Husband-Wife Team of Christianto Putra ’16, ’21 and Raissa Yona ’15 Launches Proven Provisions

A man in glasses and a gray T-shirt holds two bags of waffle mix Image by Ed Brennen
Zuckerberg College of Health Sciences alum Christianto Putra '16, '21 and his wife Raissa Yona '15 recently introduced Wise Waffle Mix, the first gluten-free, high-protein product from their Proven Provisions business.

By Ed Brennen

Imagine eating waffles almost every night for a year and a half.

That’s what the husband-wife team of Christianto Putra ’16, ’21 and Raissa Yona ’15 did to fine-tune the recipe for their gluten-free, high-protein Wise Waffle Mix, the first product from their new business, Proven Provisions.

“The first few months of trial and error, those waffles didn’t taste good at all,” laughs Putra, a Zuckerberg College of Health Sciences alum who launched the mix in January after striking a satisfactory balance between health and taste. “Turns out developing a gluten-free product is quite challenging.”

It can also be quite lucrative. With the rising prevalence of celiac disease, a chronic digestive and immune disorder that damages the small intestine, the global market for gluten-free foods is projected to nearly double to $13.7 billion by 2030.

The global market for pancake and waffle mix, meanwhile, is expected to hit $723.9 million by the end of the decade.

“If you can penetrate just a small fraction of that market, that’s a lot of money,” says Putra, a native of Jakarta, Indonesia, who earned an M.S. in clinical laboratory science and a Ph.D. in pharmaceutical sciences from UML.
A man in a gray T-shirt mixes waffle batter in a silver bowl in a kitchen. Image by Ed Brennen
Christianto Putra spent 18 months tinkering with the chemistry of his gluten-free waffle mix in his kitchen in Lowell.

A self-described “foodie,” Putra has been interested in nutrition for as long as he can remember. His family has a history of type 2 diabetes, and his “dream” was to find a cure for the disease. For his dissertation, he researched the exposure of a common food additive called titanium dioxide — the basis for an article that was published in the Journal of Nutrition. 

Since completing his Ph.D., Putra has worked as an R&D scientist at seqWell, a biotech company in Beverly, Massachusetts. While he “can’t think of a better place to work,” he realized he wasn’t putting his nutrition know-how to use. So he decided to start Proven Provisions on the side.

“UMass Lowell’s motto is ‘learning with purpose,’ and I wanted to use my education for a purpose,” says Putra, who got a taste of entrepreneurship and business as a grad student by participating in the Rist DifferenceMaker program and Mill City Consulting student organization. 

When a friend’s mom who is highly sensitive to gluten told Putra how difficult it was to find gluten-free products that actually taste good, he began taking stock of grocery store shelves. He saw an opportunity in gluten-free waffles, a “fun” breakfast item that could also deliver a healthy dose of protein.
A husband and wife hold their young daughter and a dog while sitting on a couch. Image by courtesy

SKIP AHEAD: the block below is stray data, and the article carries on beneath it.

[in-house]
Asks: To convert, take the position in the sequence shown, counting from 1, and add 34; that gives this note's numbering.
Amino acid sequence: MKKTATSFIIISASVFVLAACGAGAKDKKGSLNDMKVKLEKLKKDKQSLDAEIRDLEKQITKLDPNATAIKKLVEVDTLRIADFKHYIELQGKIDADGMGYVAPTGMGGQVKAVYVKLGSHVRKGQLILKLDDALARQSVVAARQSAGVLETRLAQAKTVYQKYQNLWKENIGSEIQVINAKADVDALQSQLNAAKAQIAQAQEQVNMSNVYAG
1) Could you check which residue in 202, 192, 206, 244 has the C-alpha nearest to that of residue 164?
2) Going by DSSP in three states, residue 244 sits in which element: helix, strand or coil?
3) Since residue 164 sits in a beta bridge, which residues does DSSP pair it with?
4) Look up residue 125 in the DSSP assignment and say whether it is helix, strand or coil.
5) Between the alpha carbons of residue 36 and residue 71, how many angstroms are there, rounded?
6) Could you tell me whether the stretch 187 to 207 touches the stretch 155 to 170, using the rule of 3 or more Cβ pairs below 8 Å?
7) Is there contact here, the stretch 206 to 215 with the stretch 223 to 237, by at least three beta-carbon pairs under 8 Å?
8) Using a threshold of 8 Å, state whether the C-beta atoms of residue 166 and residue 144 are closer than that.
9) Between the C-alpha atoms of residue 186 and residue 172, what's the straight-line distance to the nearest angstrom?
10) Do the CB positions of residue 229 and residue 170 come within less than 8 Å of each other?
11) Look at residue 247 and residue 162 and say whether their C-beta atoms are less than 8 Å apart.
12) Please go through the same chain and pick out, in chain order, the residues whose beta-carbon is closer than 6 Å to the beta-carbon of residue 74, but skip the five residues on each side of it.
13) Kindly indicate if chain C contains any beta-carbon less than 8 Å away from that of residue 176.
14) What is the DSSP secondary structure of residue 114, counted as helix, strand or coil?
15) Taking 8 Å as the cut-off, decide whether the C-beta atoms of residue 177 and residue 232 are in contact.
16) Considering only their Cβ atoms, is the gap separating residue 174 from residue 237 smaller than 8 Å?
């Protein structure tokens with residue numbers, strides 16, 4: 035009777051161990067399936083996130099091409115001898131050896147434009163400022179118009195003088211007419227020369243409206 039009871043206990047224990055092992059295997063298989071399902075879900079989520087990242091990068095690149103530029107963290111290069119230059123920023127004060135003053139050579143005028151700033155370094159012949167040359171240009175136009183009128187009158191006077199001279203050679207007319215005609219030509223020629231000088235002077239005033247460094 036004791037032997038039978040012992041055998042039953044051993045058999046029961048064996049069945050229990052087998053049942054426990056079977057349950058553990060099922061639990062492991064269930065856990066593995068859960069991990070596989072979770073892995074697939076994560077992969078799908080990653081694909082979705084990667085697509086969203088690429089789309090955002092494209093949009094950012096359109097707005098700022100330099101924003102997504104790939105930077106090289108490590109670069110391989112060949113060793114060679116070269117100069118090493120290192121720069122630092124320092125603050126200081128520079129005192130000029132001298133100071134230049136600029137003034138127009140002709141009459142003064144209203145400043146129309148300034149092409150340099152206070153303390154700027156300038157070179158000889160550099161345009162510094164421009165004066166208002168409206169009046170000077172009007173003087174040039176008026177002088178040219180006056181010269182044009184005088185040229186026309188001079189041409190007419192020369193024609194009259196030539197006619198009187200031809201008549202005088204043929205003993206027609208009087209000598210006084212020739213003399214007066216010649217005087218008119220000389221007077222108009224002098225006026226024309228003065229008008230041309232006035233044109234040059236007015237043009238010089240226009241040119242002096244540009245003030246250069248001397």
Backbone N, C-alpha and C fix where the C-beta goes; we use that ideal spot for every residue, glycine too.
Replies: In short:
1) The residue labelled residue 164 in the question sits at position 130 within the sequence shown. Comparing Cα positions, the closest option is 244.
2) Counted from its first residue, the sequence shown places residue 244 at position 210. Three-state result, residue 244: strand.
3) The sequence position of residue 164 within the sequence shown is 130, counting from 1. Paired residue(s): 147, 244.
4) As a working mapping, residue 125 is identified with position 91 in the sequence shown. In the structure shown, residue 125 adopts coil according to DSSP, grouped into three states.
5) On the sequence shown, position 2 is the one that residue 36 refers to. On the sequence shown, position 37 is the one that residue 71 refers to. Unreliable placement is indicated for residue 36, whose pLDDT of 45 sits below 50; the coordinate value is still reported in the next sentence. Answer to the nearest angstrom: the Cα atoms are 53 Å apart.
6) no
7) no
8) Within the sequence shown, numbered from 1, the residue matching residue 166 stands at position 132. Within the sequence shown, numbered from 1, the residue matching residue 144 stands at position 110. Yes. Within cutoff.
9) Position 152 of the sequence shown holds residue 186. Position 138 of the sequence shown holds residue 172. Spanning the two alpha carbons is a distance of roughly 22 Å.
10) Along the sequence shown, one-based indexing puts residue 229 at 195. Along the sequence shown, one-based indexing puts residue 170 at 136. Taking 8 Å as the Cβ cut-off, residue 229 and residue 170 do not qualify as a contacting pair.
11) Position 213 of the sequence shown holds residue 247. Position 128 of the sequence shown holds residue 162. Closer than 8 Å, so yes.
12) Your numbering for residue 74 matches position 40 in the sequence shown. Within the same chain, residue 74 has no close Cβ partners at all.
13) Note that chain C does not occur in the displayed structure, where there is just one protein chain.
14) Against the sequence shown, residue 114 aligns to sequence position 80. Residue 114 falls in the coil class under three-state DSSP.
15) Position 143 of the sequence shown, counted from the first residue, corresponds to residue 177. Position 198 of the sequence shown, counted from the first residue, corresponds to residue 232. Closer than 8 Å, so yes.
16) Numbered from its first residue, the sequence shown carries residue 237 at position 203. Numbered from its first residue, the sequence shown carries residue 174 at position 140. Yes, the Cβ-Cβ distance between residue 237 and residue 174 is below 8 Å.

Alumni Raissa Yona and Christianto Putra, who were married during the pandemic in 2020, have a 1-year-old daughter, Eleanor.

The key ingredient, Putra discovered, is casein, a protein found in milk and other dairy products.

“It digests slowly, so you feel full longer. And it releases amino acid into your bloodstream more consistently,” says Putra, who tinkered with formulas in his kitchen for months, adding oat and corn flour to help with the waffle batter’s consistency.

For his first taste test, he invited his former Ph.D. adviser, Assoc. Prof. of Biomedical and Nutritional Sciences Kelsey Mangano; his former lab mate, Lindsay McGrail ’18, ’22; and Ph.D. student Lisa Merrill.

“The hardest part of a taste test is getting them to tell you the honest truth. I told them, ‘If it’s not good, you must tell me!’” says Putra, who heard that his mix was “tasty” but “a little bit on the chewier side.”
A man in glasses and a grey T-shirt holds a plate with two waffles. Image by Ed Brennen
Christianto Putra's gluten-free Wise Waffle Mix has 14 grams of protein and 11 grams of carbs per serving

Once he was happy with the formulation, Putra contracted with a branding agency to develop a company name and logo, as well as packaging and a website. He also rented space from a commercial kitchen in Woburn, Massachusetts, where he now spends Saturdays mixing ingredients and filling 6.3-ounce packages with Wise Waffle Mix.

Putra is growing the business while starting a family. He and Yona, a plastics engineering alumna who works at energy storage company A123 Systems, were married during the pandemic in 2020 and live in Lowell. They have a 1-year-old daughter, Eleanor.

“We’ve got a lot of things cooking,” says Putra, who works on the business for three hours each weeknight after getting home from seqWell. On Sundays, he and Yona produce social media content for the company.

While the waffle mix is available from the Proven Provisions website and on Amazon, Putra hopes to one day get into stores such as Whole Foods Market, Trader Joe’s and Costco. Until then, he plans to bootstrap the business by cooking up samples at farmers markets and gluten-free food expos. He also plans to add cinnamon and chocolate varieties and eventually to expand into cupcake mixes.

“Developing the business is even more challenging than I thought, because it’s a very crowded space and nobody knows who you are,” says Putra, who has received guidance and investor funding from an uncle in Indonesia.

“The pressure is high, but UMass Lowell taught me that if you’re under pressure, just keep your head down and keep doing the right thing,” Putra says. “Whatever life throws at you, you can always persevere.”